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Six steps for ISA investing in peace

The Individual Savings Account passed its 18th birthday last year and has undergone as many drastic changes as any teenager.

ISAs grew out of PEPs – private equity plans. But they were invented by the Tories, so Gordon Brown didn’t really like that and he changed the name to ISA (helpfully for product providers, still three letters) and made them more flexible. That’s politics!

The big providers like to call the few weeks before the end of the tax year (April 5) ‘ISA Season’. This implies a level of behaviour among savers and investors who leave it all to the last minute and then flap, like attacking the nearest crocodile to the canoe, and buy any old ISA. But the organised saver and investor doesn’t wait until the last minute, rather they take their time and makes a calm and rational decision.

This year (2018/19) your limit is £20,000 split any way you like among ‘Stocks and Shares’ and cash. You don’t pay tax on savings in a cash ISA. Cash goes in, gets interest added to it and then cash plus interest comes out for whatever purpose. The Junior ISA has a limit of £4,260 and can be opened for any child under 16. There is a delicious anomaly here in that if your child is 16 or 17, they get two ISA allowances – the JISA allowance and the adult cash ISA allowance of £20,000, but be aware that a junior ISA converts to an adult ISA when the child turns 18.
As simple as painting by numbers in black and white.

There’s always risk with a stocks and shares ISA, because you are investing in the markets, you need to think carefully if this is the right investment for you. On the other hand, you may access bigger rewards and faster growth. 
There are however, some other forms of a tax-efficient savings wrapper.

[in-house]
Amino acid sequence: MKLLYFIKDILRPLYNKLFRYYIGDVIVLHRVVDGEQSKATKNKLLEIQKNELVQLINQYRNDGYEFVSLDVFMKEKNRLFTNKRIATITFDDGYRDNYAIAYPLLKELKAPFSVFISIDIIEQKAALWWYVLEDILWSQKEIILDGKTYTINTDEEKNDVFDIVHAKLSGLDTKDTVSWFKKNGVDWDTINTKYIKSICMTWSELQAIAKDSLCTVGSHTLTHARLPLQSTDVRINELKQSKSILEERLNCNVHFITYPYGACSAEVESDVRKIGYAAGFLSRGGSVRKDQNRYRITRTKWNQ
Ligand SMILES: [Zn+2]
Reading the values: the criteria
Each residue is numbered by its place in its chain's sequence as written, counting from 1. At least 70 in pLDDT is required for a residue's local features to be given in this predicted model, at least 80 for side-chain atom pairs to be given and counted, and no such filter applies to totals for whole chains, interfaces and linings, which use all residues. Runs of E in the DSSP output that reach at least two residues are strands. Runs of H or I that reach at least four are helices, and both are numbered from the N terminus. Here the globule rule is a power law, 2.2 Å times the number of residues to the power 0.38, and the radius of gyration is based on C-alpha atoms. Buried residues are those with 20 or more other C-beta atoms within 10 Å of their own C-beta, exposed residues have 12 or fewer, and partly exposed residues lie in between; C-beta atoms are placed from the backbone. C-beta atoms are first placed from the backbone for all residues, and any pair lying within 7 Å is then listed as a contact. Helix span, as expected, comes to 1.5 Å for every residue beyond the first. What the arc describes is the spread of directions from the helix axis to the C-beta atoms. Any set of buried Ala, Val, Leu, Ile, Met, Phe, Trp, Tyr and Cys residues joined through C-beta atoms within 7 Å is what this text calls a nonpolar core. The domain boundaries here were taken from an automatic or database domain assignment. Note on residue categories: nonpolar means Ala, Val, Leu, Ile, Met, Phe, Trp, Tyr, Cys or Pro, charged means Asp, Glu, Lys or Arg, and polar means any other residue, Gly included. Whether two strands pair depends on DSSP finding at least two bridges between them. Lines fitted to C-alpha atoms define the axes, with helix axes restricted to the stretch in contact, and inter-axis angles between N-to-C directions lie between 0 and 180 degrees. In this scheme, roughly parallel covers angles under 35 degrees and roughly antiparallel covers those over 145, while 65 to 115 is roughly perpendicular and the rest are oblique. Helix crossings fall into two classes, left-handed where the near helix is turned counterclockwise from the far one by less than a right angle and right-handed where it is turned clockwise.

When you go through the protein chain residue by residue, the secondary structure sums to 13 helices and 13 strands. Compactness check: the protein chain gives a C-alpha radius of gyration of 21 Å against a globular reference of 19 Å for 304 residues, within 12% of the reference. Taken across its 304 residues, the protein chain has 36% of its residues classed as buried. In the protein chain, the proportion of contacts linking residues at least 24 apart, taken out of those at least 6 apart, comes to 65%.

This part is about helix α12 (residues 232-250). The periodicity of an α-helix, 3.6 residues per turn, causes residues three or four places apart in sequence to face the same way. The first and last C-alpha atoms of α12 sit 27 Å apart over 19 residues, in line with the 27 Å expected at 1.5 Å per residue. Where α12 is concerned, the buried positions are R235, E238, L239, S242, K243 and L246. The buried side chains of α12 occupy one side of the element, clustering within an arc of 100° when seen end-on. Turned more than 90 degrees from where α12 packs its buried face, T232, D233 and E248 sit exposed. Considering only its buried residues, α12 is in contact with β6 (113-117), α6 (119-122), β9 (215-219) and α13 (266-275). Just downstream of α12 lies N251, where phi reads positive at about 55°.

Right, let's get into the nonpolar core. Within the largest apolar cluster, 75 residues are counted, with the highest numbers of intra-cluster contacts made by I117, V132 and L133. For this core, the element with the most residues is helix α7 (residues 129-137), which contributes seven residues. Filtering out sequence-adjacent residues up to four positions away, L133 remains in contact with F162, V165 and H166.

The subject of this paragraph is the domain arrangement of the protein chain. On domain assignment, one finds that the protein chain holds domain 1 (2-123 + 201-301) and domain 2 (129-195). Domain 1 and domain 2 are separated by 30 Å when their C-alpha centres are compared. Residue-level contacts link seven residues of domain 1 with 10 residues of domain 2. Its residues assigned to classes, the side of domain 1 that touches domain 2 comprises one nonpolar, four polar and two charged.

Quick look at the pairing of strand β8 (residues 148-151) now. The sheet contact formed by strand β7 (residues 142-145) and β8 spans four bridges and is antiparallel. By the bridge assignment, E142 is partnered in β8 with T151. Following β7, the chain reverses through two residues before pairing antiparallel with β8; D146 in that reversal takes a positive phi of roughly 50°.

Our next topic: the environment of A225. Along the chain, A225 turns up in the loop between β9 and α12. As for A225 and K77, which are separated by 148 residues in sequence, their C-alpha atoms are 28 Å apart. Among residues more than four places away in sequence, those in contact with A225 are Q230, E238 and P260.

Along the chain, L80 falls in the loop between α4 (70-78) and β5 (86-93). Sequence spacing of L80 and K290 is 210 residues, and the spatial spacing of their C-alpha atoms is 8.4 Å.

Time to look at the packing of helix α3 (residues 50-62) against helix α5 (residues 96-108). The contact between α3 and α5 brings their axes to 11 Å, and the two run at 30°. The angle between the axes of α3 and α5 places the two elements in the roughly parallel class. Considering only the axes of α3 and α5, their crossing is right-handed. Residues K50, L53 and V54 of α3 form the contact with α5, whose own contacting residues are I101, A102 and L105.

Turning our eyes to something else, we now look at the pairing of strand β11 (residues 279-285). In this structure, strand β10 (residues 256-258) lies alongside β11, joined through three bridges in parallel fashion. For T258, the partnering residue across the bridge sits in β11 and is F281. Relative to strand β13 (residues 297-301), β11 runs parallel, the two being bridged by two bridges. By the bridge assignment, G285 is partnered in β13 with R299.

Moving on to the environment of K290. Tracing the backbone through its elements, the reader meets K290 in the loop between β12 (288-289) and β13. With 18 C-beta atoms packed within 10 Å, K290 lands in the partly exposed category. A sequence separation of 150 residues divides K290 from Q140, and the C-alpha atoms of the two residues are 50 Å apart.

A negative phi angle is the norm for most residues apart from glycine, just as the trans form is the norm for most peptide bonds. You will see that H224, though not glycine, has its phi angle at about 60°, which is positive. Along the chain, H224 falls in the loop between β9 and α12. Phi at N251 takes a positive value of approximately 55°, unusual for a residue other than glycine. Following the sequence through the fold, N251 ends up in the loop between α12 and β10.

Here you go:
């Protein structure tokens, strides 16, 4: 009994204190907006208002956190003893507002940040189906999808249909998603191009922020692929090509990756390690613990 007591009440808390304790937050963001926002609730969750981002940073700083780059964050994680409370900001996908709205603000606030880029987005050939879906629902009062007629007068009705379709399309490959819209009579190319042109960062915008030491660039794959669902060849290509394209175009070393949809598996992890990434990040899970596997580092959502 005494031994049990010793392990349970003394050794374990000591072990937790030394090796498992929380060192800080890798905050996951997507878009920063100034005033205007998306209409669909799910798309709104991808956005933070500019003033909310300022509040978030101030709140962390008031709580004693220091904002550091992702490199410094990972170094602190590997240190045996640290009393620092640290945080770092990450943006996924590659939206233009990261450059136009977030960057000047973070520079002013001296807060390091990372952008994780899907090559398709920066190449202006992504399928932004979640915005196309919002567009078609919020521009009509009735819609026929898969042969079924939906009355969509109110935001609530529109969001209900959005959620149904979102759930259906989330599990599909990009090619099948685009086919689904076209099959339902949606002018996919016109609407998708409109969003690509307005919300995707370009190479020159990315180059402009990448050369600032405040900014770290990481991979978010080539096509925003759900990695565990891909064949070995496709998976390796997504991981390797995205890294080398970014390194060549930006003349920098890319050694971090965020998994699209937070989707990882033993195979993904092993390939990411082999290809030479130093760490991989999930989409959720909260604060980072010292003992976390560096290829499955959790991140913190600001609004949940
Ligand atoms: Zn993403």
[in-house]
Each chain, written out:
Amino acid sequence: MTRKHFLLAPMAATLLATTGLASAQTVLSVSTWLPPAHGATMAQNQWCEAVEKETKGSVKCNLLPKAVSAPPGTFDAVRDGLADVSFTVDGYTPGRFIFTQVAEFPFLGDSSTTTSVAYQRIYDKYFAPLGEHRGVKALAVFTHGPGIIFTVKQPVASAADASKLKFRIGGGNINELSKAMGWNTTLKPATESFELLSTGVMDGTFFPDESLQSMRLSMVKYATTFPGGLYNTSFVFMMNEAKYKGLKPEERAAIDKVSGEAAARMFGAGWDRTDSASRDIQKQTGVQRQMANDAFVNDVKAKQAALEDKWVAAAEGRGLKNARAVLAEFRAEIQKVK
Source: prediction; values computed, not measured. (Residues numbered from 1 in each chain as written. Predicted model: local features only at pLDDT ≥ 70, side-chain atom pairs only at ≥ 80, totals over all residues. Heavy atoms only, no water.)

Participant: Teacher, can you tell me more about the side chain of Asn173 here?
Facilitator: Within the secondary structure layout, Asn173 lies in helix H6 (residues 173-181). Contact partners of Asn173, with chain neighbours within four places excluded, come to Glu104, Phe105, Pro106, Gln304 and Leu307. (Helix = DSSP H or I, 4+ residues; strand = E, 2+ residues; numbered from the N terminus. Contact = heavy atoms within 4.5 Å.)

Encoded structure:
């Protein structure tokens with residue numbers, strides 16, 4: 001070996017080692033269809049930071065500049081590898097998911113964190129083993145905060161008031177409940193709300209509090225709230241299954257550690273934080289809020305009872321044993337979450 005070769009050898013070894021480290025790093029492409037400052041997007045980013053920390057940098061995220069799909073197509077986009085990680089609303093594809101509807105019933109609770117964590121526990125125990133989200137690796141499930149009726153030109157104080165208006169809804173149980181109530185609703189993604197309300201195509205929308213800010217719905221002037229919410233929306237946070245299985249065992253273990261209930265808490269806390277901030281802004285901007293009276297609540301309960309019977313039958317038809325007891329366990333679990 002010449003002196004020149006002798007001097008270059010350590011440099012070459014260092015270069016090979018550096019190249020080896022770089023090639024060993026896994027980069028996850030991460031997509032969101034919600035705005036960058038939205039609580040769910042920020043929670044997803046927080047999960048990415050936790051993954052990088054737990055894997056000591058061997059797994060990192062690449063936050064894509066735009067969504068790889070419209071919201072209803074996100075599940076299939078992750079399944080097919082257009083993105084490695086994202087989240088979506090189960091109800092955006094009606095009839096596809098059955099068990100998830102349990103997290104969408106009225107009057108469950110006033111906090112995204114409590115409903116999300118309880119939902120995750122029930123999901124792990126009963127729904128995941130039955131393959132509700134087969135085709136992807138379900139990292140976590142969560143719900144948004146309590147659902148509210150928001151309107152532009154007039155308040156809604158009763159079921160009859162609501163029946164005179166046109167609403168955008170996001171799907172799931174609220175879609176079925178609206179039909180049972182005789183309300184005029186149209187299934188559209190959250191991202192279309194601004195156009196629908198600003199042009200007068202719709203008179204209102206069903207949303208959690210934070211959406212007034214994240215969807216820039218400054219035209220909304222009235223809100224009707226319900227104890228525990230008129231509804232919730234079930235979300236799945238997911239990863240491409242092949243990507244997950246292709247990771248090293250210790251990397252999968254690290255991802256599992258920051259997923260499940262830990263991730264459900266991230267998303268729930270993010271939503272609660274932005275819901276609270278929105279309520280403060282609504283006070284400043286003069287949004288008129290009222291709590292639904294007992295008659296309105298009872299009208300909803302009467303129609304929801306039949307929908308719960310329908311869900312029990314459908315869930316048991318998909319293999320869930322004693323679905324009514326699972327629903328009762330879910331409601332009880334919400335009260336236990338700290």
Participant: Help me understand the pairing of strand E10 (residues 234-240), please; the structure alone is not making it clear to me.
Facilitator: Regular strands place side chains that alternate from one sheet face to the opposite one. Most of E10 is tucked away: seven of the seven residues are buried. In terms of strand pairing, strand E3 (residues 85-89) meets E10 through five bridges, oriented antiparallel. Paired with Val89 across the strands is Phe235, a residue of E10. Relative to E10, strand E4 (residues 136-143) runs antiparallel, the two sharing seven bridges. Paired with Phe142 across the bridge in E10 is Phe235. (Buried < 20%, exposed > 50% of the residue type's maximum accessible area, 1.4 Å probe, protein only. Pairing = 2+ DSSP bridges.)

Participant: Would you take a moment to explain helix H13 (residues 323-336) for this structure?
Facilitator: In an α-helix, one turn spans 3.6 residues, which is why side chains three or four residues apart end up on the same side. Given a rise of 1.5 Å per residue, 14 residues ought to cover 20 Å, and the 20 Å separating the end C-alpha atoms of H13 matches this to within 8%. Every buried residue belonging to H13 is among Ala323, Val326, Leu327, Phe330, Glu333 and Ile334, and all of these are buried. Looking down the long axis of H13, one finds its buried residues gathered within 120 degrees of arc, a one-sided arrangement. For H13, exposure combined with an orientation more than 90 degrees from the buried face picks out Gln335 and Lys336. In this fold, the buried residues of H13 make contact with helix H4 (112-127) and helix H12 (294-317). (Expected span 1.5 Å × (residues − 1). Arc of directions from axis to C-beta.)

The Help-to-Buy ISA - where first-time-buyers can save up to £200 a month. Then the Government will give you a 25% tax-free boost. Save £1600 for the minimum £400 bonus or £3,000 maximum on £12,000 savings.
The Lifetime ISA – where those aged 18 to 50 can save up £4,000 every tax year either for retirement or their first home. Again, the Government will give a 25% boost. And there is an Innovative Finance ISA - which invests in peer-to-peer lending schemes like Zopa and Ratesetter.  But these are specific, not offered widely, and certainly not for every palate.

There are abundant ways of choosing which product is best for you but before you do, let us help you narrow down your search a bit with a few easy steps. 

 1. Have a Plan. For first timers especially, what are your savings goals? Do you need instant access to your cash, in which case you will sacrifice some of the best available rates? If you don’t need access to all of it, perhaps consider getting a better interest rate with a longer-term lock-in.
 2. What is your attitude to risk? If you aren’t bothered by top performance, but instead prefer the safety of cash, then don’t bother with stocks and shares.
 3. Keep an eye on your savings rate. Just because you’ve snapped up the headline rate does not mean it will stay that way. Especially considering that the Bank of England base rate may rise in the next few months.
 4. Never be afraid to transfer out of a poor-paying ISA. It’s your money – make it work as hard as you can.
 5. Diversify. Spread your risk, maximise your reward. Think about a blend of stocks and shares and cash.
 6. Take your time. You have another 11 months before the deadline and the noise starts again.

 By Steve McDowell

 

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